Wednesday, March 27, 2013

Process Wednesday: how long to deoxygenate 1000L IPA/water with N2?

Don't know how long it takes? In the middle of a very interesting article about homocoupling problems in Suzuki reactions, Miller et al. [1] busts out some very interesting, yet very basic measurements on dissolved oxygen in isopropyl alcohol / water solutions and removing that oxygen (emphasis mine):
Having established the important role of dissolved oxygen in promoting formation of dimer 6, we sought to directly measure* and identify an upper maximum limit for dissolved oxygen. Three one-liter-scale experiments were completed in order to assess the efficiency and feasibility of deoxygenation using subsurface sparging.  
In these experiments, a mixture of water and 1-propanol was saturated with oxygen by subsurface addition of air, resulting in measurement of 8.3, 8.7, and 8.6 ppm oxygen. Nitrogen gas was then introduced at a rate of 0.5 standard cubic feet per hour (SCFH) resulting in reduction of dissolved oxygen to less than 0.5 ppm in 2.5 min. Thus, at 0.5 SCFH for 2.5 min, a total of 0.02083 standard cubic feet (SCF) of nitrogen was required to deoxygenate 1 L of solution. On this basis, we calculated that for 1000 L of reaction a purge rate of 30 SCFH of nitrogen for 41.7 min would be required to reduce the oxygen level from saturation to less than 0.5 ppm. Measurement of the recovered solution volume indicated that solvent loss due to evaporation was approximately 0.8%. We concluded that deoxygenation via subsurface sparging would be efficient and practical for large-scale work.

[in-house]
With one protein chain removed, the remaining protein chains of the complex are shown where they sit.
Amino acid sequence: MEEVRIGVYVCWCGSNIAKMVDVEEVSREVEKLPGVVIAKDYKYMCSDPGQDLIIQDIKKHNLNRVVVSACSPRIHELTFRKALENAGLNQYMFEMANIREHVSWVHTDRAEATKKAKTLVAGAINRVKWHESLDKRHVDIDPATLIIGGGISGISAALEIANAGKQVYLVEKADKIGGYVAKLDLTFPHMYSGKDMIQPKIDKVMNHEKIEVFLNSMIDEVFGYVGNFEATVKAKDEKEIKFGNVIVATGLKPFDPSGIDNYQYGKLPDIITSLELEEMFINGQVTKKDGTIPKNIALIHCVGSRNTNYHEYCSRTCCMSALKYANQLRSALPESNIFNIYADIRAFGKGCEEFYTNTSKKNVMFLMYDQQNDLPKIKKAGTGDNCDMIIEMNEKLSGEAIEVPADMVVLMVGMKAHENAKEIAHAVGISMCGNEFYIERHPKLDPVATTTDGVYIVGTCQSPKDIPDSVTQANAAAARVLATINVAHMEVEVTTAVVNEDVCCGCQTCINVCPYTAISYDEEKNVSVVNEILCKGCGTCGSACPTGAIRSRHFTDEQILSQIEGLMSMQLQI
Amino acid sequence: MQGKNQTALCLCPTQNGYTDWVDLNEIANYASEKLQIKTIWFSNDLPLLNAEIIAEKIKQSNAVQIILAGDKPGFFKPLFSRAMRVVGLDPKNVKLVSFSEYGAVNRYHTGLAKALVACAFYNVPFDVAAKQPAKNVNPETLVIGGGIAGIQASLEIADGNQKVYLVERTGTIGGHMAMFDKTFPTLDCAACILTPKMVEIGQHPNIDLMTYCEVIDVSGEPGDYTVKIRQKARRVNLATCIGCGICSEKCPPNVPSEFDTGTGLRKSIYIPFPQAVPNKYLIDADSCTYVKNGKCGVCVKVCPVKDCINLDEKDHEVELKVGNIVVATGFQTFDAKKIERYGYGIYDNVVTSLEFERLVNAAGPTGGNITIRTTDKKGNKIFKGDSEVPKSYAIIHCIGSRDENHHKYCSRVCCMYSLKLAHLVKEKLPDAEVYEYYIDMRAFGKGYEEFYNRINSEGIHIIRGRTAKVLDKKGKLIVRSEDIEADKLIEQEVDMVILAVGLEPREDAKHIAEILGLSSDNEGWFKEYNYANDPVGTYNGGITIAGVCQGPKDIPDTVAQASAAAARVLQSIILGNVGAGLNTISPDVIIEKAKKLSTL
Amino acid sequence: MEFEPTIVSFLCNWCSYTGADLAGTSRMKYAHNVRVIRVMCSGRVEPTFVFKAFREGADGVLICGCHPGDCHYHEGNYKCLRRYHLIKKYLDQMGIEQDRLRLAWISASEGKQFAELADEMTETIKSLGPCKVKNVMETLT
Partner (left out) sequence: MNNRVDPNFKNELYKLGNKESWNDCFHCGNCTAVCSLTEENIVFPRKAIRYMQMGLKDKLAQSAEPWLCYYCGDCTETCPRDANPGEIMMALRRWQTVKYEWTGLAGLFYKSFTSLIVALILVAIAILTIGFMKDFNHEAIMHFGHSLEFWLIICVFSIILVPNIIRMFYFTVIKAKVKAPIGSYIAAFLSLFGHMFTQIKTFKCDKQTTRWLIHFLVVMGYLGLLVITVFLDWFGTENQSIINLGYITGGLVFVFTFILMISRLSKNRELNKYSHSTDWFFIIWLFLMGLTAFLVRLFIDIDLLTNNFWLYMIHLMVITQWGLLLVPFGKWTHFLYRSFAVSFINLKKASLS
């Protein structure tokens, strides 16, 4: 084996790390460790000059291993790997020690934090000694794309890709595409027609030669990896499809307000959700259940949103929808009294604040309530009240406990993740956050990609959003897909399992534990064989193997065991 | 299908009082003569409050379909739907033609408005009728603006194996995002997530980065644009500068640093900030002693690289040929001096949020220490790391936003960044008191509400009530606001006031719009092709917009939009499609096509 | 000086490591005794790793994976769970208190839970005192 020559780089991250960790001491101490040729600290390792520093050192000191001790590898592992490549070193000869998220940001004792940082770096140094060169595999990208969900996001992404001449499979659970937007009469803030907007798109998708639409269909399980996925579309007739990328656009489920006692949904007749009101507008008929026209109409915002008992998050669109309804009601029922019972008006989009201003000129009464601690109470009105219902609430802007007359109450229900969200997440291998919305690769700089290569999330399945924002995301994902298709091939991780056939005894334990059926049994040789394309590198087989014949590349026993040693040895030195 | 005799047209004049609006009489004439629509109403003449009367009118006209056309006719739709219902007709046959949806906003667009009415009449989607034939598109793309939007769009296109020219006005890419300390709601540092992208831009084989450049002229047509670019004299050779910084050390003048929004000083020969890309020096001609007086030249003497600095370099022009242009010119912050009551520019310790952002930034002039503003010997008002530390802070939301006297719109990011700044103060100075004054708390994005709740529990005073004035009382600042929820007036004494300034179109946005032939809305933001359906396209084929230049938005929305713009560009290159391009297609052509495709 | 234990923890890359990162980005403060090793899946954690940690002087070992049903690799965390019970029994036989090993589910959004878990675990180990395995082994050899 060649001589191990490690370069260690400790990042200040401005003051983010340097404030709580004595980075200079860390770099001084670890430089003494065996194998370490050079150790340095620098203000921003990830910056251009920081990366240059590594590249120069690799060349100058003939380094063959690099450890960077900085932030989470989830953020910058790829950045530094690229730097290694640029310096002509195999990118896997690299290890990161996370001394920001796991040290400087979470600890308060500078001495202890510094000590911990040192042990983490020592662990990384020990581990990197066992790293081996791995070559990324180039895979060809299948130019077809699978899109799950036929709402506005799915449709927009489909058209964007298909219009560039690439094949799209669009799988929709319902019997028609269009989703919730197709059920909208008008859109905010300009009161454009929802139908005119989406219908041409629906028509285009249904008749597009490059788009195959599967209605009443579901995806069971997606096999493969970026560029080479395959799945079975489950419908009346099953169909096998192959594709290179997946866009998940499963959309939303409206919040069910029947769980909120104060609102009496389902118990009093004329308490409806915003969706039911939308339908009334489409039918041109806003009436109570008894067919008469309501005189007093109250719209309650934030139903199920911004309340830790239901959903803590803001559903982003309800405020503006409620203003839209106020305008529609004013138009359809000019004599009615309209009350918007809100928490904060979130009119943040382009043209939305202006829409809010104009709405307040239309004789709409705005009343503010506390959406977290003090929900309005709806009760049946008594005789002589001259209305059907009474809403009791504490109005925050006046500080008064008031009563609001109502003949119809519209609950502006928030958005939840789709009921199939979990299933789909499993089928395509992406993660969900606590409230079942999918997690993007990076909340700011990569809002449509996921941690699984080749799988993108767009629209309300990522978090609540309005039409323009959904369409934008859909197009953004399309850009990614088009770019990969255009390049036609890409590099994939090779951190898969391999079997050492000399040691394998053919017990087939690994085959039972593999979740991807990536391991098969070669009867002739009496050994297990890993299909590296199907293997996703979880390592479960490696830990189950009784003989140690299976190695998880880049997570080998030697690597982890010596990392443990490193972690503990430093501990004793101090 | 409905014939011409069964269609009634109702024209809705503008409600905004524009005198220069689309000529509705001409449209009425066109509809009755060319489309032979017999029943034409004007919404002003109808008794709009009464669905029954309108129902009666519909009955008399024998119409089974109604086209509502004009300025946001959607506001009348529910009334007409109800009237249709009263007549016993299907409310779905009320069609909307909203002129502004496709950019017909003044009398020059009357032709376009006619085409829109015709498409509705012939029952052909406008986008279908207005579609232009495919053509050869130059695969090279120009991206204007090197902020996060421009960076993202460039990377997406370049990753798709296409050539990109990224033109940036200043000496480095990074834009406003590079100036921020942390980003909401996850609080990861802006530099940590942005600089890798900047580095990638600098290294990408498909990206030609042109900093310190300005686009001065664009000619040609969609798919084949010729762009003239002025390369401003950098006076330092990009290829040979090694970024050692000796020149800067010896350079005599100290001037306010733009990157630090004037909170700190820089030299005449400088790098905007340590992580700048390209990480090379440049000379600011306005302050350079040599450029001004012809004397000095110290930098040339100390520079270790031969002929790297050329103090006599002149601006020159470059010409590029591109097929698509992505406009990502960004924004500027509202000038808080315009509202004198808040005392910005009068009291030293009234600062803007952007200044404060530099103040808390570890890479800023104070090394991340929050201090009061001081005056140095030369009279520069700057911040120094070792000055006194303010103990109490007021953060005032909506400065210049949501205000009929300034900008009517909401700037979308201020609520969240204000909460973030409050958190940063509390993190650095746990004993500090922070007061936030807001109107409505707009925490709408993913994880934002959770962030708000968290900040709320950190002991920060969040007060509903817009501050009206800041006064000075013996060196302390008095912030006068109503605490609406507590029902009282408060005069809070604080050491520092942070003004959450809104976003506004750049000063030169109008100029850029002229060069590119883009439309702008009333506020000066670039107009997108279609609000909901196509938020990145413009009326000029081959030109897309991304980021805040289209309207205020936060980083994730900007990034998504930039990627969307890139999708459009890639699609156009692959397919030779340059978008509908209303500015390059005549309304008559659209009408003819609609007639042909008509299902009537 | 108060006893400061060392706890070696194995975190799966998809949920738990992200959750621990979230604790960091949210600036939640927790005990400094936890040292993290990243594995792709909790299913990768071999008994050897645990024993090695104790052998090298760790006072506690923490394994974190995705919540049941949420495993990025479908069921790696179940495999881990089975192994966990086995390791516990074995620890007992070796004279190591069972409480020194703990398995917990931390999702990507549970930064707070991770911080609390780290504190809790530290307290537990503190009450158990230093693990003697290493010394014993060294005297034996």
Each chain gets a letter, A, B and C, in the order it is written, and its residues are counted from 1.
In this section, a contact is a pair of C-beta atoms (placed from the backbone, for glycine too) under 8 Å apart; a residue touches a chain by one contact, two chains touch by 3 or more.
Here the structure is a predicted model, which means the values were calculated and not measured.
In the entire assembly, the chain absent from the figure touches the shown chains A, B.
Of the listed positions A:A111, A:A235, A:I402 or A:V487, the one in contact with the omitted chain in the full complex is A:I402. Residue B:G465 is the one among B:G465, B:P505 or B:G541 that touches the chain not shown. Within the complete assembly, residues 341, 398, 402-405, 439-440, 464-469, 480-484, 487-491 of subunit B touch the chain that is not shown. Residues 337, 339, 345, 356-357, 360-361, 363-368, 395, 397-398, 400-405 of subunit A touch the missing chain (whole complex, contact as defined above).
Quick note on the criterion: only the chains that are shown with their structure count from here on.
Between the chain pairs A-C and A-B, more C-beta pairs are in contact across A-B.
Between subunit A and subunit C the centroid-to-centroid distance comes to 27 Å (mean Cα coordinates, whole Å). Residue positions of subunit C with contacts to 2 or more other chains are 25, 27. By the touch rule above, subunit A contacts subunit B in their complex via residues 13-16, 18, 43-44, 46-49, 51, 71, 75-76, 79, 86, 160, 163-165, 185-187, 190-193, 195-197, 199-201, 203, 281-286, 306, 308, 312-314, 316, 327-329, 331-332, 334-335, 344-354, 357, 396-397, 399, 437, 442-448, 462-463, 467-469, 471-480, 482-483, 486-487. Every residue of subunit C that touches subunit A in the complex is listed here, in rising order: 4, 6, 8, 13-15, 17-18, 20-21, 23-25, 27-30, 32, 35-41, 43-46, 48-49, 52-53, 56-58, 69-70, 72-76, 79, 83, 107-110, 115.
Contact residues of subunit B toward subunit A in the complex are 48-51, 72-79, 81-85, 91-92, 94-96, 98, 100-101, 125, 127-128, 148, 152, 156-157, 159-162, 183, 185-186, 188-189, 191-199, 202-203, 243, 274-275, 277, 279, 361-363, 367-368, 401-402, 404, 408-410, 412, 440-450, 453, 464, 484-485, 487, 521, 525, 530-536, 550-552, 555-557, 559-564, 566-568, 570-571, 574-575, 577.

*An ICM model 31250 dissolved oxygen probe and meter was used for laboratory work. Devices such as Metler-Toledo InPro 6800/6900 or InPro 6800 Gas may be found more suitable for manufacture of clinical material.
Ultimately, the authors end up doing this in their sub-kilo reaction (5.8 L solvent, 800 grams of SM) and getting a 93% yield. The concerns that I see with doing subsurface sparges of nitrogen on scale (apart from the loss of solvent from evaporation (problem should not scale?)) is the possibility of aerosolizing material and losing it to upper parts of the reactor.

Nevertheless, a really basic question answered nicely. (There's even a procedure for the experiment!)

[1] Miller, W.D.*; Fray, A.H.; Quatroche, J.T.; Sturgill, C.D. "Suppression of a Palladium-Mediated Homocoupling in a Suzuki Cross-Coupling Reaction. Development of an Impurity Control Strategy Supporting Synthesis of LY451395." Org. Process Res. Dev. 2007, 11, 359-364.


  1. I think that if your reactor is cold enough the formation of aerosols should not be a problem. Solvent loss can easily be avoided by running your condensers at -25°C. The last time I did one of these we did not bother removing dissolved oxygen and everything worked just fine. Their process must be very sensitive to oxygen.

  2. I have degassed large scale reactors by simply bubbling N2 via the bottom values and never bothered about possible evaporation losses. Similarly also have used vacuum cycling technique by applying and releasing in short bursts several times appeared to work just as well and was easier to implement in a few tanks that had appropriate valve configurations


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